“I’m thrilled to announce that I’m joining the Triumph family and even more excited to be a part of their new endeavour into the off-road product category. This is an incredible opportunity for me to join this historic brand, and I’m honoured and humbled to be a part of the development and release of Triumph’s off-road motorcycles. Building something from the ground up is something that really is intriguing to me at this stage of my career. What is impressive to me is Triumph’s dedication and passion to develop a top-of-the-class product. Everyone who I have been involved with in this project, from the engineers, design groups, R&D department, has shown extreme passion for what they’re doing, and that’s a recipe for success and something that I love being a part of. We all share that same passion, and that’s to be the best. If you’re familiar with the Triumph brand, you already know the quality of craftsmanship is top-shelf, and the off-road models will follow suit to their past! Not only are these exciting times for me, but it’s an exciting time for the off-road industry to be adding another brand to the mix and the opportunities that lie ahead for all off-road consumers. I can’t wait to see the reactions when these models hit the dealer’s showroom floors.”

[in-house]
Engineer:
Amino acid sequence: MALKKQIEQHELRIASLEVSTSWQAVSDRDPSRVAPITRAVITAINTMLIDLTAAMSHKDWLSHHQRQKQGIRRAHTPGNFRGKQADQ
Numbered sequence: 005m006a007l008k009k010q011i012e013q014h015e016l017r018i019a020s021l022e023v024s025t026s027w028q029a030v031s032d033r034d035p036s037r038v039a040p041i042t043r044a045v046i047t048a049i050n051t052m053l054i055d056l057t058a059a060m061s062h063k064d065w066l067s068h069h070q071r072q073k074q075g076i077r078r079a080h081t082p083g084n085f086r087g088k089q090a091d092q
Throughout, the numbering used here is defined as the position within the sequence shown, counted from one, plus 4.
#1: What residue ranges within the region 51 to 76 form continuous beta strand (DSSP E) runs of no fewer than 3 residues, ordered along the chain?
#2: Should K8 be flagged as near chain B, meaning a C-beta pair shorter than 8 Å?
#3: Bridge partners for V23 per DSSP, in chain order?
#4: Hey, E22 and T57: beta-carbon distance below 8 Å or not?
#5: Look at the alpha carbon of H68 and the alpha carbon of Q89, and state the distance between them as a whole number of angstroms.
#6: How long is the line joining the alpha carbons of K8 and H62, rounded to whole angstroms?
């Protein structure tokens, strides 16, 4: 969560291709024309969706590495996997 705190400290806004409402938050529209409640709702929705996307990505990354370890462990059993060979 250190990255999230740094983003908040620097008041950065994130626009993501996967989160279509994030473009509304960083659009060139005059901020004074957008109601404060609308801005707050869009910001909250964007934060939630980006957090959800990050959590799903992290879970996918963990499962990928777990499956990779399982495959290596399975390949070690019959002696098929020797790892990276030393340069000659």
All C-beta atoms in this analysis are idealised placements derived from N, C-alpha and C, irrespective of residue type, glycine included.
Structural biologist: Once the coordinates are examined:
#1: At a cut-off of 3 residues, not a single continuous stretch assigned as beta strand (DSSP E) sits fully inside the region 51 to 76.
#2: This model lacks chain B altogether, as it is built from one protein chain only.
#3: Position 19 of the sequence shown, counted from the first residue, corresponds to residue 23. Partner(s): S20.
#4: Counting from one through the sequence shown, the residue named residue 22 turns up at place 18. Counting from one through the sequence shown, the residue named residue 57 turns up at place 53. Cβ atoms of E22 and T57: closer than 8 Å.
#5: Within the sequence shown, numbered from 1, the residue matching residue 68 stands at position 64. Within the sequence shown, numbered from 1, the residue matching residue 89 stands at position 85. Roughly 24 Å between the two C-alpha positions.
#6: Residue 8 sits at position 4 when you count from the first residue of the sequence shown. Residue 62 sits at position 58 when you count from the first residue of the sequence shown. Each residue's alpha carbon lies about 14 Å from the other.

“I’ve loved Triumph motorcycles since I was a small kid, seeing them in films and on television. So to be working with Triumph from the beginning of this project is an amazing opportunity for me – not just because it’s working with one of the world’s greatest motorcycle brands, but also for being part of building something from zero. It’s a dream come true for any racer! Like me, everyone I’m working with at Triumph is focussed to make the bikes the best they can be. I cannot wait to see the bikes competing at a world level, but I also look forward to when I can stand in a Triumph dealer and know I was part of this very special project.”